Public sector efficiency in Belgium
P. Stinglhamber and
L. Van Meensel
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D. Cornille: National Bank of Belgium
P. Stinglhamber: National Bank of Belgium
L. Van Meensel: National Bank of Belgium
Economic Review, 2017, issue i, 31-41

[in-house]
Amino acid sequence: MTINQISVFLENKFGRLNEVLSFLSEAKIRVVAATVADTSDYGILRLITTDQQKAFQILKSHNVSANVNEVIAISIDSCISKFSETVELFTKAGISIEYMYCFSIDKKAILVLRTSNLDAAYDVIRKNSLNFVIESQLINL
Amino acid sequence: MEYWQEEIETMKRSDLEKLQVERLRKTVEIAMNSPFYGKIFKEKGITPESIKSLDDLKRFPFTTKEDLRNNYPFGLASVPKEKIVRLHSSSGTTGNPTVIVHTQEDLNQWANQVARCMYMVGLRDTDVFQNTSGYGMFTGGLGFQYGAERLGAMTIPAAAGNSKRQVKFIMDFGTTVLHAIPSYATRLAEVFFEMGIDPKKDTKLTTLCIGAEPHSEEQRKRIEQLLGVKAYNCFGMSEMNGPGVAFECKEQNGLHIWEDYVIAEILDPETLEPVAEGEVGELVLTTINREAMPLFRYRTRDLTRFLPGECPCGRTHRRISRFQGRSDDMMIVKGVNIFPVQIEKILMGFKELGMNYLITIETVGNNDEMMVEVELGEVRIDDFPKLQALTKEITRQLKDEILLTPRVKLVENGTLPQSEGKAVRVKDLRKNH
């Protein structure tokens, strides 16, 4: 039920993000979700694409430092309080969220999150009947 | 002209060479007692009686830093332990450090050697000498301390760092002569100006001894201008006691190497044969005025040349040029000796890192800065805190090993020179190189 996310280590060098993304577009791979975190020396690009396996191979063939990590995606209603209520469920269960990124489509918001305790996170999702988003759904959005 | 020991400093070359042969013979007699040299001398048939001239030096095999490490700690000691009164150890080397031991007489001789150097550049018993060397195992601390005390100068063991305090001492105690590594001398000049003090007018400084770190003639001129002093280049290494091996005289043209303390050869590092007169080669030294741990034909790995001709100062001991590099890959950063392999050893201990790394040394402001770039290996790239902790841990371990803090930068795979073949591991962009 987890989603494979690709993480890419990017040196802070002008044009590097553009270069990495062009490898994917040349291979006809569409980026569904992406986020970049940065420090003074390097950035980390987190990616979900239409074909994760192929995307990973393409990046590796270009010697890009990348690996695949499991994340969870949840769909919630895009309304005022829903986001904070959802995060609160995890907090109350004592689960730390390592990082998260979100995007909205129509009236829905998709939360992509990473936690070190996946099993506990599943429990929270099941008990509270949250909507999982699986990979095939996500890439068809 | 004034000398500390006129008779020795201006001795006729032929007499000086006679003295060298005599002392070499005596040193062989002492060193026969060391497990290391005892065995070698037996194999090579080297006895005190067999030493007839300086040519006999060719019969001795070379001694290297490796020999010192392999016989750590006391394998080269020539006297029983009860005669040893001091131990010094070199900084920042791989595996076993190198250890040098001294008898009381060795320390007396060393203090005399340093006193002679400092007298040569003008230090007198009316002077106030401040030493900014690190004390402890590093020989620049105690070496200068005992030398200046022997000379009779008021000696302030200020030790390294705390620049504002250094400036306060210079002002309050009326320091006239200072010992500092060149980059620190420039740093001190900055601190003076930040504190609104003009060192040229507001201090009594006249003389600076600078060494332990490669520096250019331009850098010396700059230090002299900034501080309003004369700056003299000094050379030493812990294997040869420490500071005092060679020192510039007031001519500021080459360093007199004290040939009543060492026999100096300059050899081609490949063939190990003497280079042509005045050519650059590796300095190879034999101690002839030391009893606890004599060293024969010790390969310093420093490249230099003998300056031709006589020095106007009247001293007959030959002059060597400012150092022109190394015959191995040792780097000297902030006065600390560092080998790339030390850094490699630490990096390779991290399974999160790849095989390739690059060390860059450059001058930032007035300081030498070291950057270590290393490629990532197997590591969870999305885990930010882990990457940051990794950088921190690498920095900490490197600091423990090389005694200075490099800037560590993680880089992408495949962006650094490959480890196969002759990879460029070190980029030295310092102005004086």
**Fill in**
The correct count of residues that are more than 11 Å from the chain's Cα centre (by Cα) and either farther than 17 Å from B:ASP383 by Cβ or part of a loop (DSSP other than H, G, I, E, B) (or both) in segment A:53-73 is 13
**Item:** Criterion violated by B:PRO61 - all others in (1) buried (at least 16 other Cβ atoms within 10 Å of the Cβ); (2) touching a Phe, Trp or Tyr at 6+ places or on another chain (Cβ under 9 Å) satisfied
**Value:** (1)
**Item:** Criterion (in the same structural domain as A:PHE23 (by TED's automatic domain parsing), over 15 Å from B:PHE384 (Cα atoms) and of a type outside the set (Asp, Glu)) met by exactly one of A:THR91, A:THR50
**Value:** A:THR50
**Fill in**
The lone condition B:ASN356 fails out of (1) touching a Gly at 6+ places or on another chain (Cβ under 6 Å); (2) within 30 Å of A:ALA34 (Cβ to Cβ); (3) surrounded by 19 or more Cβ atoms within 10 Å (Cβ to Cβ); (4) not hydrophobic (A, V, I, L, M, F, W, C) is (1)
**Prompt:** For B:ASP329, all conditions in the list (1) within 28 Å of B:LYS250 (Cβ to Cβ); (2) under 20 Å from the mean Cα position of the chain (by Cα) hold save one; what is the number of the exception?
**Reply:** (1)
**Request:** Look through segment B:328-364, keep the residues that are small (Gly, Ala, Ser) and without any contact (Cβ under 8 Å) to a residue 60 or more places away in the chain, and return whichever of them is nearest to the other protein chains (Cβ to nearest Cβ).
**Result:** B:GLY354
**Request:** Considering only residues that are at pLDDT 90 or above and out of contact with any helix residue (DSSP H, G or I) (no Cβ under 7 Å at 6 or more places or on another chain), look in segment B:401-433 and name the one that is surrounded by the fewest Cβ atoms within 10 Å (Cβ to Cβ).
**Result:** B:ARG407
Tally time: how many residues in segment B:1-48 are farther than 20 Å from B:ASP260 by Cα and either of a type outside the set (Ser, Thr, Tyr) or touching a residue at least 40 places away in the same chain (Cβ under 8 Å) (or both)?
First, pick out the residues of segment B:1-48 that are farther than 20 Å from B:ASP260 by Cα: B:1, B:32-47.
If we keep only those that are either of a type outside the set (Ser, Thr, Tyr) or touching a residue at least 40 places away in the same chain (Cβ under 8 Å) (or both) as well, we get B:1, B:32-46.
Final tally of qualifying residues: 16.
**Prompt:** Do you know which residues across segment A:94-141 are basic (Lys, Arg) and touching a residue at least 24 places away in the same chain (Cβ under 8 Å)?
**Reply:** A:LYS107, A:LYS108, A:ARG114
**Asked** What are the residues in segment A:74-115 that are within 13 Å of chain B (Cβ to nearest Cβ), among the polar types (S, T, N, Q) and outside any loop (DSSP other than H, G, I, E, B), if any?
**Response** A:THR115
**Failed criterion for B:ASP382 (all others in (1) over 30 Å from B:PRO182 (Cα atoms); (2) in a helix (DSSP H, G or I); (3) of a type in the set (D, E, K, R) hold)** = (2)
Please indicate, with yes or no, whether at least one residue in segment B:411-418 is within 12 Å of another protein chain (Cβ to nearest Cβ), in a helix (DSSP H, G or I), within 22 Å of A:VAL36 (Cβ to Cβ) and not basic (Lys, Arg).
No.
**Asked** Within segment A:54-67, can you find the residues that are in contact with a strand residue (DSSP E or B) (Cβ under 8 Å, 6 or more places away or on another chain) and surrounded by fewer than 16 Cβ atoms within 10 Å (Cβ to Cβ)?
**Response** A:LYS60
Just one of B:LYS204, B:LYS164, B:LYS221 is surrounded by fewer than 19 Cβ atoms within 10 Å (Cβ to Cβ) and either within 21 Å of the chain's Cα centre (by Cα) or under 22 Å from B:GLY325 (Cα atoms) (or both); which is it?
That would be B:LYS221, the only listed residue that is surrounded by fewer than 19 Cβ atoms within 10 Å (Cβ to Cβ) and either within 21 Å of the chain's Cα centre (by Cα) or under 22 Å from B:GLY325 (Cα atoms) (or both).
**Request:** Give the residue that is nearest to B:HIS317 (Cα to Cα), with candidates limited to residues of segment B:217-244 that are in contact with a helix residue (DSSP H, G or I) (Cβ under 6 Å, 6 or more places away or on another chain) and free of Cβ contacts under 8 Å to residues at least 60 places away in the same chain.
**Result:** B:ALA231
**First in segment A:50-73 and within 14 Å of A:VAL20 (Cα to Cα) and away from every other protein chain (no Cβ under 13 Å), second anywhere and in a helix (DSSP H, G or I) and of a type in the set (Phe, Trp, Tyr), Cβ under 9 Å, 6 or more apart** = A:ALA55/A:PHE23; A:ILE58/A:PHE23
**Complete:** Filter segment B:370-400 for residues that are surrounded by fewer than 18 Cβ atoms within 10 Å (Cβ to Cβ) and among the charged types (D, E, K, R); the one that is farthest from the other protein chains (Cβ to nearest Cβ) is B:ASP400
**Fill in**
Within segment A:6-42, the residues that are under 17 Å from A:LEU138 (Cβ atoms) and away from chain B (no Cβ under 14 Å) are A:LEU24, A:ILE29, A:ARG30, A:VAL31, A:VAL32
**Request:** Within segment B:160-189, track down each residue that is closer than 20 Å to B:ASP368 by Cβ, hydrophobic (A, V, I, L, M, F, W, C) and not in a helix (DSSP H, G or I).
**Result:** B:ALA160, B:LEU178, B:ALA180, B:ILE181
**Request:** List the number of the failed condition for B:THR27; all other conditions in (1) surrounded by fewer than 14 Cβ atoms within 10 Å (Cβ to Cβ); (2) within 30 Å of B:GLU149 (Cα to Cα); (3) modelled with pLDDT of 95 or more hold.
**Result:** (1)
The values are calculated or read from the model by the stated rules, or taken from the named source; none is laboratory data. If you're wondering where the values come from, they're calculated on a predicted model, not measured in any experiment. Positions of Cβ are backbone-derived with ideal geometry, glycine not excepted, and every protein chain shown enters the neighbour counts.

Efficiency is defined as the ability to obtain the best possible results using as few resources as possible. The constant quest for efficiency in public sector management is essential for all constituent parts of the State. So, general government as a whole is expected to make a continued effort to improve services provided to the community or to reduce their expenditure, or even pursue these two goals at the same time. Belgium has a particularly high level of public spending. Among the fifteen West European countries selected, Belgium lies in fourth place in terms of level of expenditure expressed as a percentage of GDP. Along with the Nordic countries, France and Austria, it is one of the States with above-average public expenditure. In view of this high public spending, the results obtained could be better. This, at least, is what emerges from a comparison of budgets allocated and performance in the fifteen countries analysed. This observation is valid for the four functions studied, namely health, education, security and mobility. At the end of the day, the degree of efficiency in Belgium’s public administration can only be described as average. Belgium is generally in a middle-of-the-road position, ahead of the Southern European countries but behind the Scandinavian countries. In Belgium, public action therefore offers undeniable potential for efficiency gains. Guaranteeing more efficient public policies is therefore a priority challenge, which requires continuing efforts to keep down costs while improving service. Over the next few years, greater efficiency of public action should in any case be a key objective for all levels of power in Belgium. But first of all, to achieve this objective, we need to adopt a systematic approach enabling the whole range of public sector missions to be analysed and choices made. Then, we have to look at which level of power is best placed to carry out these missions; any overlap should be avoided and economies of scale aimed for. And lastly, we have to work towards the most appropriate organisation of the way in which the various public services operate, notably by making the best use of IT applications and by simplifying procedures. Any reforms that may be needed must be envisaged from a long-term perspective and be rigourously enforced.
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